10 December 2017

Scott LK-72 - rebuild

What's happening.
I'm turning into one of those tube stereo geeks.
With the dark almost winter hours upon us,
instead of rushing home and working on a hot rod,
I look forward to sitting at our converted bar,
eyeglasses on,
maybe a drink - maybe not,
whittling away playing with wires and electrical stuff.
Strangely enough,
wiring a car isn't even my favorite thing to do.
I'm too picky and it's tedious,
but I'll do it,
and when everything works it's a big win.
This Scott LK-72 integrated amp 
was sold in the 60's as a kit.
A budget way for an electric geek to have tunes.
The factory wired model was the Scott 299C,
which had a gold face instead of poop brown.
Of course I ended up with a cheaper project...
Over the years electrolytic capacitors tend to dry up,
or in this case leak.
That's the tan powdery residue.
These are multi-caps,
can capacitors that are a compilation of values.
Post-war technology made this easier,
most likely a byproduct of all the WWII factories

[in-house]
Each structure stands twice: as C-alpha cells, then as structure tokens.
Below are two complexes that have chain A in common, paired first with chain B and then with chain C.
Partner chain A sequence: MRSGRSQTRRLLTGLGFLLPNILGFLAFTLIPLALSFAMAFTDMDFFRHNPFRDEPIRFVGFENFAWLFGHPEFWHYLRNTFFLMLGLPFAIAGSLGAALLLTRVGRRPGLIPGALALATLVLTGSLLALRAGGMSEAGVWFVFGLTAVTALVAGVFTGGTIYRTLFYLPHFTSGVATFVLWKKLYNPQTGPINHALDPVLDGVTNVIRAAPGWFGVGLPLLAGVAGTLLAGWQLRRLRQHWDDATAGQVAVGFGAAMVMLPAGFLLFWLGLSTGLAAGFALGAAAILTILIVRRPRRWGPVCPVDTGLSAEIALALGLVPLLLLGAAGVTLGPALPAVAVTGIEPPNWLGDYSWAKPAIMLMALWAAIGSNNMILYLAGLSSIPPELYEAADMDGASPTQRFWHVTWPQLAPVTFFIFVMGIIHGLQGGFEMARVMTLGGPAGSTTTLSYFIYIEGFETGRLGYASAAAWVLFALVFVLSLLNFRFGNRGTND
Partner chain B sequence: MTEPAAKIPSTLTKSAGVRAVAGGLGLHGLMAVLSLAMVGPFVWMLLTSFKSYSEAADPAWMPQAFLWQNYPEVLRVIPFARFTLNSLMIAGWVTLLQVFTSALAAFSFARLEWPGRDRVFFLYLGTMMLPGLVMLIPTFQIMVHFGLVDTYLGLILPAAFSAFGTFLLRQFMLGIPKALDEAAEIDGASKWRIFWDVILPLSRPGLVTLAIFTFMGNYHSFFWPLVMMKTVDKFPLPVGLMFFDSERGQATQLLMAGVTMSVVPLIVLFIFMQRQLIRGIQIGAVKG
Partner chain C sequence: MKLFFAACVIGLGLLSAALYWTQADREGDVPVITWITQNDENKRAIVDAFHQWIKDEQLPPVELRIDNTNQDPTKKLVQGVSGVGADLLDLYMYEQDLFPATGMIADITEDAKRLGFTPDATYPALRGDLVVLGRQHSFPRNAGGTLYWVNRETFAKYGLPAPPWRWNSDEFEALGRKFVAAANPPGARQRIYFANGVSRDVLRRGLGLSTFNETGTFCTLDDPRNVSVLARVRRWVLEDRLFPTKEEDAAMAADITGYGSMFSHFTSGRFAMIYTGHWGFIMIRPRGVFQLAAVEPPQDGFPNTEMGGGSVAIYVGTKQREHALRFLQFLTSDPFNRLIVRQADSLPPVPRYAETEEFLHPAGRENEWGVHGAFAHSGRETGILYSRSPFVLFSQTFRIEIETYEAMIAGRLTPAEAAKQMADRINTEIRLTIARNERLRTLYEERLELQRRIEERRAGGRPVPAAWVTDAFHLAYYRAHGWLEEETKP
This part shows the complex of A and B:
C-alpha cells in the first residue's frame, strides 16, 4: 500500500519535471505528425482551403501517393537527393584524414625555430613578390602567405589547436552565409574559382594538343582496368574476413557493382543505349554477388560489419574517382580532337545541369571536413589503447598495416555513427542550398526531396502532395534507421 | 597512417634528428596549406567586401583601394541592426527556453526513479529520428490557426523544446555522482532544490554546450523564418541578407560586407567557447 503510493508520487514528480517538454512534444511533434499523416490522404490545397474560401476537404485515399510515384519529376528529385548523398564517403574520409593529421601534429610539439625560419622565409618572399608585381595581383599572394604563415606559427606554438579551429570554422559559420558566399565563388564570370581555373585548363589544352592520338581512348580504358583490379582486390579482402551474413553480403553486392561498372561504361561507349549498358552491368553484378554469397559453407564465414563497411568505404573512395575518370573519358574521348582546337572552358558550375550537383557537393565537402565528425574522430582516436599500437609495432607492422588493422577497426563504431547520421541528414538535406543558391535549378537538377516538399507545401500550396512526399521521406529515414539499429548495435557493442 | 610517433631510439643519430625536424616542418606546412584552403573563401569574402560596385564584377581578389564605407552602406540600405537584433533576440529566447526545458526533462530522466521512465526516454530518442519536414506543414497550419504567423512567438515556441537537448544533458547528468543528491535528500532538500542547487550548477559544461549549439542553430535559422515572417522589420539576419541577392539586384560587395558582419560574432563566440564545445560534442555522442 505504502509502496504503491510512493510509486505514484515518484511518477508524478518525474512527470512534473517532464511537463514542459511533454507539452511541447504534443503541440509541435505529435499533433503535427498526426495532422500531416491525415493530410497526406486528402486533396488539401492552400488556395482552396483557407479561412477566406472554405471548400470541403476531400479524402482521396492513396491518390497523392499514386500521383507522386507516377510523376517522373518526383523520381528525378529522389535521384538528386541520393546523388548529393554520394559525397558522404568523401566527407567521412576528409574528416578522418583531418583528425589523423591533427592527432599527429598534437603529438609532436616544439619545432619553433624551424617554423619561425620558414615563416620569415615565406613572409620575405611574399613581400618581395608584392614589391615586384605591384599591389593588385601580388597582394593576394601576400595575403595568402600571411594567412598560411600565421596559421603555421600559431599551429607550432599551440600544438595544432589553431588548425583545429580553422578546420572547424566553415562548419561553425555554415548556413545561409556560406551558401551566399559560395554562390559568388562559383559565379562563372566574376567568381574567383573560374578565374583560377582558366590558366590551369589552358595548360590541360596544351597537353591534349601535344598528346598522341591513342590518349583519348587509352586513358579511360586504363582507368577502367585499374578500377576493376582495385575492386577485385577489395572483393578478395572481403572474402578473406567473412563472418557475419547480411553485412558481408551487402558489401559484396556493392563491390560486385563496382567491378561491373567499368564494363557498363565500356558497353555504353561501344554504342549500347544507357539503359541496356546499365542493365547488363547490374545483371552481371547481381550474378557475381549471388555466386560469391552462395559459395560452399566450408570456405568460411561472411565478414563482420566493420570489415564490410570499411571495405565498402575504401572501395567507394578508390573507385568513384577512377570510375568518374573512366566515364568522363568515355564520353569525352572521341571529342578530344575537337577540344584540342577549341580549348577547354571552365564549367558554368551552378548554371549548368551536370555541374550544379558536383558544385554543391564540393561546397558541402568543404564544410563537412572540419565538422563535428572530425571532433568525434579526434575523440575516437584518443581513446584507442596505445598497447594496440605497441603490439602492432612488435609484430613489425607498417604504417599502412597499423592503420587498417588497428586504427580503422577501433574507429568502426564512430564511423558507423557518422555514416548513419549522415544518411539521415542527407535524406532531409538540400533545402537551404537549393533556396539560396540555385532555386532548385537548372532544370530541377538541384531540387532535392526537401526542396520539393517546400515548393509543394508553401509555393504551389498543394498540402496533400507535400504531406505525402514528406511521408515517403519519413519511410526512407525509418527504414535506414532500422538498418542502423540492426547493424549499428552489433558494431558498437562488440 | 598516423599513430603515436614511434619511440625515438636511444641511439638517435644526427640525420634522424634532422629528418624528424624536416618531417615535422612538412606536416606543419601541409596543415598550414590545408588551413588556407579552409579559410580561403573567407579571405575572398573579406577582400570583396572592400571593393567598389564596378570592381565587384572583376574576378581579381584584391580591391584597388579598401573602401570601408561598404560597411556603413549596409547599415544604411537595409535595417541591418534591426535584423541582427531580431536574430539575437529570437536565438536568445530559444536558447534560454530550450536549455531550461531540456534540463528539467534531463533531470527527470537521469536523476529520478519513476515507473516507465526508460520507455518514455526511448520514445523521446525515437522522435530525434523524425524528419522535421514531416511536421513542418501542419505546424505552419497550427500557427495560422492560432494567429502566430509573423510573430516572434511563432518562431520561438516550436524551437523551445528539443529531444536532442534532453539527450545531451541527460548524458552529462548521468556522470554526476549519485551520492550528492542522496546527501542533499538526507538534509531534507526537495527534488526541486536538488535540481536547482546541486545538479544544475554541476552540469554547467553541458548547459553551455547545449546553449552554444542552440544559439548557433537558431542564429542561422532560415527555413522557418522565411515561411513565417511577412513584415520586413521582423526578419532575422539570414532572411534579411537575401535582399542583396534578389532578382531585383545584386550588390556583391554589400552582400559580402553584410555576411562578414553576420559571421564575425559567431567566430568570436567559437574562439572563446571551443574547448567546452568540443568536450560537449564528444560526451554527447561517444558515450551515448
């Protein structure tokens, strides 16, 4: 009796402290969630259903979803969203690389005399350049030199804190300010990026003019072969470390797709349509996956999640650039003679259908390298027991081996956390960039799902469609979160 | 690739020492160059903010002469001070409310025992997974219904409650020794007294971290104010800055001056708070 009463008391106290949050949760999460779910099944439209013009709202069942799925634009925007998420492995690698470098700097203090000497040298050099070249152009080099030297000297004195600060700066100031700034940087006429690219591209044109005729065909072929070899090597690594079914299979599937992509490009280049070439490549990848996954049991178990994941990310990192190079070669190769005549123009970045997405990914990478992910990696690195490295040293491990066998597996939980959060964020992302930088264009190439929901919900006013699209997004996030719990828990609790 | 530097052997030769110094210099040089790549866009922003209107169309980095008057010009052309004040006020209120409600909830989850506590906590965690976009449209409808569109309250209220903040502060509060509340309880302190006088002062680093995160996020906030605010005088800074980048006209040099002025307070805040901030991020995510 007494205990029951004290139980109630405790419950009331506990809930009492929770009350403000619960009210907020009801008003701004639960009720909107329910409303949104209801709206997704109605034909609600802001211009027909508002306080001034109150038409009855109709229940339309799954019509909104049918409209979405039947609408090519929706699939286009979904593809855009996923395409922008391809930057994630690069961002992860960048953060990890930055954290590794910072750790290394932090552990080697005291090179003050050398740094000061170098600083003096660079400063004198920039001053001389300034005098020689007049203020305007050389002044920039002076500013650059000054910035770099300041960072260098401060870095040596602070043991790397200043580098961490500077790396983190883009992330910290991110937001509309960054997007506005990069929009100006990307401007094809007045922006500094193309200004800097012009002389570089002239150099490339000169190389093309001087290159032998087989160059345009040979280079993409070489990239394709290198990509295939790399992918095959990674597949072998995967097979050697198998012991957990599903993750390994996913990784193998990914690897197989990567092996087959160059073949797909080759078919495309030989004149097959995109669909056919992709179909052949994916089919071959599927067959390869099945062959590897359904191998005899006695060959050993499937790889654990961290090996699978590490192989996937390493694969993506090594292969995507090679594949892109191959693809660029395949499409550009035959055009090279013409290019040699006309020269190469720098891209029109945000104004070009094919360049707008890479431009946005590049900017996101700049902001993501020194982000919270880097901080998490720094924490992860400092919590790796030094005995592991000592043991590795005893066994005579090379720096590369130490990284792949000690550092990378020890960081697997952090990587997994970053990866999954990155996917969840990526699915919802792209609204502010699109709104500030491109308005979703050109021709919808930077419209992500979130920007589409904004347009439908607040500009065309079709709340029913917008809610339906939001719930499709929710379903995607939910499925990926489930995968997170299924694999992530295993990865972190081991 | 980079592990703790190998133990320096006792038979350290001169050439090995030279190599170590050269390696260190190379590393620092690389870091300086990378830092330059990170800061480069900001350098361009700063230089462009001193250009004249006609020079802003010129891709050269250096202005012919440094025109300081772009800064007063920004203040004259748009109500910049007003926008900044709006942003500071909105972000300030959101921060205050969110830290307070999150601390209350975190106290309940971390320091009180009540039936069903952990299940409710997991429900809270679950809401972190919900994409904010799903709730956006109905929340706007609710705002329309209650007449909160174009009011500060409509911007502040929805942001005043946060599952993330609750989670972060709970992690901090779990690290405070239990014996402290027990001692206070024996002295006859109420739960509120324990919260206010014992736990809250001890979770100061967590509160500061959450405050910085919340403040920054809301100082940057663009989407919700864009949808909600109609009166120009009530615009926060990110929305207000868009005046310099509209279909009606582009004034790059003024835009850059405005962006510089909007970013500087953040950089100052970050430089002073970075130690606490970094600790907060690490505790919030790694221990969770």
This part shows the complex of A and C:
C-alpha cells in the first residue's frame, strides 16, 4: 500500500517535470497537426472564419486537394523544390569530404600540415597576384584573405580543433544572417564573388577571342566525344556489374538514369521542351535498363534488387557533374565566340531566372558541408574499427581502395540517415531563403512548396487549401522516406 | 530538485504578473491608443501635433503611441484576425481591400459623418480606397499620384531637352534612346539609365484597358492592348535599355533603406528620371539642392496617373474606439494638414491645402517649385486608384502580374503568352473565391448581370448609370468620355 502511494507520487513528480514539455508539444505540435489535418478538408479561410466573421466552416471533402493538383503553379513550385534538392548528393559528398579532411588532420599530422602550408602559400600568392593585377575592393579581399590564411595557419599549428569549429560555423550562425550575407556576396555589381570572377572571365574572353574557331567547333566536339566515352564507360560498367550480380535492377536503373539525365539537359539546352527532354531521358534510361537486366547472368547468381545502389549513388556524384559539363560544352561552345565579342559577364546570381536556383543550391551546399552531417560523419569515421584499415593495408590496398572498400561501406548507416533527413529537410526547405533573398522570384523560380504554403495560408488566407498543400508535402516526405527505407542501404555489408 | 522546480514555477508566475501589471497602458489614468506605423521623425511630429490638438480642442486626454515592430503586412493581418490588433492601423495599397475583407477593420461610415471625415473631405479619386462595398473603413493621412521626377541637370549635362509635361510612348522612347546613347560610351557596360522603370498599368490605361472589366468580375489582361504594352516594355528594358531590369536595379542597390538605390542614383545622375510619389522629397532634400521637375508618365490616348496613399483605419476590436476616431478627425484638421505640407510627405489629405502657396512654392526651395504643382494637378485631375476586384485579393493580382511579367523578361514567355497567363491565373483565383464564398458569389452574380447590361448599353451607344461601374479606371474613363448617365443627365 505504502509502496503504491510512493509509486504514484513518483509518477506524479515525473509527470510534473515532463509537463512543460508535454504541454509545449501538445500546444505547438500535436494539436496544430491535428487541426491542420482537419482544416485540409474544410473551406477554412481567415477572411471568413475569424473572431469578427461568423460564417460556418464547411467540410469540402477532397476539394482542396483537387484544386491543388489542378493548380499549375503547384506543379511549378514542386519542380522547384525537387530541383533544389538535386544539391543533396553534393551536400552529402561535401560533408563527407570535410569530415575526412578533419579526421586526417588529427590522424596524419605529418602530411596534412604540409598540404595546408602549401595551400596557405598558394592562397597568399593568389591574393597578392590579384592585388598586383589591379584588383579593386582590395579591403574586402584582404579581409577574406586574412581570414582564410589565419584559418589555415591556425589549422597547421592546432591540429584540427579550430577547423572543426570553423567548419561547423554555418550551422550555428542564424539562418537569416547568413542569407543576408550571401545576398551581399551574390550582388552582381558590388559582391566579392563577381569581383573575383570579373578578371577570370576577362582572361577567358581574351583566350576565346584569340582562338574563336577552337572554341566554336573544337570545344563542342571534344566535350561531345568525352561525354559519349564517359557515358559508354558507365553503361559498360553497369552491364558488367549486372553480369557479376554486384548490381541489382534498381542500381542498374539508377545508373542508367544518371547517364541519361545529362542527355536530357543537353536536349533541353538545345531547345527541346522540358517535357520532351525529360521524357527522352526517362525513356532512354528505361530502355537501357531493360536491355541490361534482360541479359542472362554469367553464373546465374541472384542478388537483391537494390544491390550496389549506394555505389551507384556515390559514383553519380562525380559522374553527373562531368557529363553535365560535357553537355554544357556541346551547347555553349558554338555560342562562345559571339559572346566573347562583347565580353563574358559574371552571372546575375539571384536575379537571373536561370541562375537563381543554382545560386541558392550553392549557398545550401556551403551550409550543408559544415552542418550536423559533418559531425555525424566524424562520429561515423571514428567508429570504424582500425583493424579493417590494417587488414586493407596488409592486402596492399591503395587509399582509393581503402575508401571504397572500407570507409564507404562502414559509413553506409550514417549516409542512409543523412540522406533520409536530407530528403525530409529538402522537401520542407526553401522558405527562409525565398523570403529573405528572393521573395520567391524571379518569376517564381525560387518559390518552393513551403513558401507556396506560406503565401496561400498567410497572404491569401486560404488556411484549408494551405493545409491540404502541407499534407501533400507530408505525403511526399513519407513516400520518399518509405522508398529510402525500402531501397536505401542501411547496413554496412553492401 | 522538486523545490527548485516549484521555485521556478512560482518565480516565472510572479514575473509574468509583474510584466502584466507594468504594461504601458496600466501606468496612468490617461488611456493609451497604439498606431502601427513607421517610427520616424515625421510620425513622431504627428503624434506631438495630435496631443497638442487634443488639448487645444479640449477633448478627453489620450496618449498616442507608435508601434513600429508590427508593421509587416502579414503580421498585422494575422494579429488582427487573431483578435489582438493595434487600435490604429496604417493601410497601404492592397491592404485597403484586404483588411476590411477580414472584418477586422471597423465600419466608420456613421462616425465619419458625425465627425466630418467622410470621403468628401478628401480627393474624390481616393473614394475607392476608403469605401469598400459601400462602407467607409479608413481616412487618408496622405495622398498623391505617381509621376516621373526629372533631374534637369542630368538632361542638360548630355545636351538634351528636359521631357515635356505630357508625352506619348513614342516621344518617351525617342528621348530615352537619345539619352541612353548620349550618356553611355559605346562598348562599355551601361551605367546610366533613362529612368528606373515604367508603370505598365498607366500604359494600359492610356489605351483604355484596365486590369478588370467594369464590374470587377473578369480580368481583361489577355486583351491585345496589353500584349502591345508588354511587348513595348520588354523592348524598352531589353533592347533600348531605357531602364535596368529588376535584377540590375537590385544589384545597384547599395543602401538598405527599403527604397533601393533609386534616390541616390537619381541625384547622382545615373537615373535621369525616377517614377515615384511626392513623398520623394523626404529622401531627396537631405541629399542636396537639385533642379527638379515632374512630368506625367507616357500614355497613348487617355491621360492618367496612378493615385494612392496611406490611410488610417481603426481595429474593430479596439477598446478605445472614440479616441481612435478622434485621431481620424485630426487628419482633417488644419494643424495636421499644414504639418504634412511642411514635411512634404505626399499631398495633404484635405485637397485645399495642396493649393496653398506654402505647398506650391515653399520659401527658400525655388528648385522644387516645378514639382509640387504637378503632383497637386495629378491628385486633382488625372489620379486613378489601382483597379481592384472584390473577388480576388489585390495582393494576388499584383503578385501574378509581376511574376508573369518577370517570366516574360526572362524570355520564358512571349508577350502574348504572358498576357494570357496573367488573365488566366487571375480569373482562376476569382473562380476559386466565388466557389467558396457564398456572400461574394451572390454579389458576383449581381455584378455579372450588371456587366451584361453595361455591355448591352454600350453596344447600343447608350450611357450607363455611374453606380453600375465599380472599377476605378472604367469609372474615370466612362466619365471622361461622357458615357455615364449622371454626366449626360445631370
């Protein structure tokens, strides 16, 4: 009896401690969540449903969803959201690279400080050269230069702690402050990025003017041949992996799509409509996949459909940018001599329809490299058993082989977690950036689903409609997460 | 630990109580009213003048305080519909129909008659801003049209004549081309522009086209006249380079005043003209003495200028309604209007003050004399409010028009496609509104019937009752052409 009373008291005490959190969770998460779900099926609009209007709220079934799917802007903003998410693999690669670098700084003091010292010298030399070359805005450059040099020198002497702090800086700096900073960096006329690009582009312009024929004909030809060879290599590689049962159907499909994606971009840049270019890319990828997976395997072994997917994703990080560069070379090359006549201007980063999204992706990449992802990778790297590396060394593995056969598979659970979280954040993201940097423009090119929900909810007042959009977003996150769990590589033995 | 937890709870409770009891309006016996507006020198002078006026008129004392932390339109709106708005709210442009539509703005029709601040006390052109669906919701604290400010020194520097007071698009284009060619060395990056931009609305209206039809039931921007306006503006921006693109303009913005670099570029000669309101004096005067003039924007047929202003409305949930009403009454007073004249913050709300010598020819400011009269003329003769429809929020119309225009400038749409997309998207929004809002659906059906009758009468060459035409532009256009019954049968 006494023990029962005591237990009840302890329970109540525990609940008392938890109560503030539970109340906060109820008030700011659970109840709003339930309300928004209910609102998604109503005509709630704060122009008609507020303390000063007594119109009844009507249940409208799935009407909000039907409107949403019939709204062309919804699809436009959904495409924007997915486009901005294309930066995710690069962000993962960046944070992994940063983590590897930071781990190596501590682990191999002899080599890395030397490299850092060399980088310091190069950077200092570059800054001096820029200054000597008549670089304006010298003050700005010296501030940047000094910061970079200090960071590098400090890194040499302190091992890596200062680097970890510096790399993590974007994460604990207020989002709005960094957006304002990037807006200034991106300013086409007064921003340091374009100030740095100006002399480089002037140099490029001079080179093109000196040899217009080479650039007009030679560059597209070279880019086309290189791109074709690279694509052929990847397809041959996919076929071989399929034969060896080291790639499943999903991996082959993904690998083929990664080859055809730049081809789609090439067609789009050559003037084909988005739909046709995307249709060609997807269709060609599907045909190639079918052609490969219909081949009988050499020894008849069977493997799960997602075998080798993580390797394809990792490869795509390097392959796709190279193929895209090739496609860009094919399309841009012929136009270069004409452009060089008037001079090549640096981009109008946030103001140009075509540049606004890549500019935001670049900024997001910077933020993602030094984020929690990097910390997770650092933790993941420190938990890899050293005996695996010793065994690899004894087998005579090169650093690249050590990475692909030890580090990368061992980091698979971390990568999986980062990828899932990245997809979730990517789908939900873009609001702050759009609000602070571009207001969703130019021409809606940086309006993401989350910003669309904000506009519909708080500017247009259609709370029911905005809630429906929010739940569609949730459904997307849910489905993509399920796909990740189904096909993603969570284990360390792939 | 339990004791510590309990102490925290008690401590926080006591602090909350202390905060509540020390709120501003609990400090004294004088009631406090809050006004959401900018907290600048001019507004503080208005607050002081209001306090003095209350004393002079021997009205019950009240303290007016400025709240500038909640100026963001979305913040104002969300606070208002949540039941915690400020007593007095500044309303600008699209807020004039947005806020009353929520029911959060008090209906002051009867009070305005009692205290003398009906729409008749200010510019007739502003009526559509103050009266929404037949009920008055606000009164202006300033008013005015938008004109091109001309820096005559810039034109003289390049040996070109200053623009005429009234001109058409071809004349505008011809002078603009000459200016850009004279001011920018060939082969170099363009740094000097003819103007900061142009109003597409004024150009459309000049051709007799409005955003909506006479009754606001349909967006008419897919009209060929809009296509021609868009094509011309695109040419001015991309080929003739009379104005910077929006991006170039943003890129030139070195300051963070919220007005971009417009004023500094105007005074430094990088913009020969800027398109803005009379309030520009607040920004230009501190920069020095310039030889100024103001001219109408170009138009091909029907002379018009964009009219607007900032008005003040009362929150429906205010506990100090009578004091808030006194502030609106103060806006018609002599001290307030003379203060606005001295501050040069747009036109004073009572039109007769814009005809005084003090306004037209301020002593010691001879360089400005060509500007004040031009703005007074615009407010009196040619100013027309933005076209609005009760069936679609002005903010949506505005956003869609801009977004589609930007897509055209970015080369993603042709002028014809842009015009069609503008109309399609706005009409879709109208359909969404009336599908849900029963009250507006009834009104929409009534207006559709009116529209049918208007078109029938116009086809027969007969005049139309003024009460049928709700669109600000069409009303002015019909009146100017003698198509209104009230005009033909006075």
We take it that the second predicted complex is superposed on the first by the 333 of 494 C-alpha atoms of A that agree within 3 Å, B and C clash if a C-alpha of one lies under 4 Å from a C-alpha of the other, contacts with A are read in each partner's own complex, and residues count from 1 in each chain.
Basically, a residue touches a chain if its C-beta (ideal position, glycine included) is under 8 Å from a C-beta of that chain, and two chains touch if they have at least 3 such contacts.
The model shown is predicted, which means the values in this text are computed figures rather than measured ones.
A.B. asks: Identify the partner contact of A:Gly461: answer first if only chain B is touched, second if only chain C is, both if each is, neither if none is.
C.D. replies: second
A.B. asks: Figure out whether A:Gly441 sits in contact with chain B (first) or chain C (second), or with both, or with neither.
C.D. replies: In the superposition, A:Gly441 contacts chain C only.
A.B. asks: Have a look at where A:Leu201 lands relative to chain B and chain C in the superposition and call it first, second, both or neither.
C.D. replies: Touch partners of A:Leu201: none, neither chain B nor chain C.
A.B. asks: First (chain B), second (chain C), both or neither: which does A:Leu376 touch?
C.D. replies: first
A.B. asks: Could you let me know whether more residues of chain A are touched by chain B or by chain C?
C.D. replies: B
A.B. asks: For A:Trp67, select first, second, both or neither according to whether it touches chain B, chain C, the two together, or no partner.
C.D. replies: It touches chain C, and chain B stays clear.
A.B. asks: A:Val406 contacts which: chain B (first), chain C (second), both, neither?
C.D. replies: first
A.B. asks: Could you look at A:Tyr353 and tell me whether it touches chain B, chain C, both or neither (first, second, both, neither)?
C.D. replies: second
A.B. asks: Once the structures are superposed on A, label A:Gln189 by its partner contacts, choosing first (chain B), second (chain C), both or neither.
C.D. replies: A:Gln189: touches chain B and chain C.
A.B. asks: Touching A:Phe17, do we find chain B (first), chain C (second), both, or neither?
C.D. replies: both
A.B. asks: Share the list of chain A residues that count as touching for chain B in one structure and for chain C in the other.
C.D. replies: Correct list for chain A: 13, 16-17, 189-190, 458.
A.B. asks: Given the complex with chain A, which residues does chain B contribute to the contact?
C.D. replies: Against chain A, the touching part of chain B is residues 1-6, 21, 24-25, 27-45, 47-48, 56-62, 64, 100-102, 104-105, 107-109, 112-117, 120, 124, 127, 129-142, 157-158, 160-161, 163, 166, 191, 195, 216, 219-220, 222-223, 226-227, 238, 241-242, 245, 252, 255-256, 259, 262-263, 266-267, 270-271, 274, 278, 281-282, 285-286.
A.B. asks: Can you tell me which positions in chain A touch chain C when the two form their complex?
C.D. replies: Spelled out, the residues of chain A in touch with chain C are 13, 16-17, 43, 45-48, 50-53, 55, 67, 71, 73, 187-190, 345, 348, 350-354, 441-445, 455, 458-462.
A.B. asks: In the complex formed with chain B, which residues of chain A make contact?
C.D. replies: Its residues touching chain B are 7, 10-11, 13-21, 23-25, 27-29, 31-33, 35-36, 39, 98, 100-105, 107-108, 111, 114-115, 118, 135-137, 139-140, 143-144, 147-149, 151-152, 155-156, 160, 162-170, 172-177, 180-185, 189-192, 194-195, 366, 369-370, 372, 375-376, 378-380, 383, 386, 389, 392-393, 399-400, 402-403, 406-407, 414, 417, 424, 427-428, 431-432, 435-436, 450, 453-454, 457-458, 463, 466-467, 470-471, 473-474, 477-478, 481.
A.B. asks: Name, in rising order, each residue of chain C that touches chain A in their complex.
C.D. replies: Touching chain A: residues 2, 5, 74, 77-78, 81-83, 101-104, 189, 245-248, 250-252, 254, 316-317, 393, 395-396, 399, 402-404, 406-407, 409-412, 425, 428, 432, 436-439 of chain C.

that needed to continue churning out hi-tech chit.
There's two main methods to repair these.
Buy replacements if possible,
they are usually plastic wrapped black or blue,
and possibly a little different size 
needing different mounting clamps and holes.
The second way is way more fun.
Dig out the insides,
and replace them with new capacitors,
shaped like little batteries.
From the top everything looks original.
This involves grinding, fitting and thinking...
Like hot rodding but tiny.
Here there are ways to modify the ohm values,
online forums have high-priest geeks 
that give out loads of info.
For now I'm just a swapper.
Let's hear what new stock woulda sounded like.
Somehow that pile above equals this.
The roll of aluminum foil and electrolytic
is separated in 4 pieces.
These things basically are filter caps,
cleaning and storing the necessary power.
They call this silver box a toxic grenade.
It's a selenium rectifier that converts AC power to DC.
Supposedly not the best stuff to breath in
if it blows up.
Now swapped for a silicon bridge rectifier,
the black thing with the 4 prongs.
The suggested 1 amp replacement 
was smaller your pinky fingernail,
not much to solder fat wires too.
This is a bigger 4 amp version.
Now the tedious part,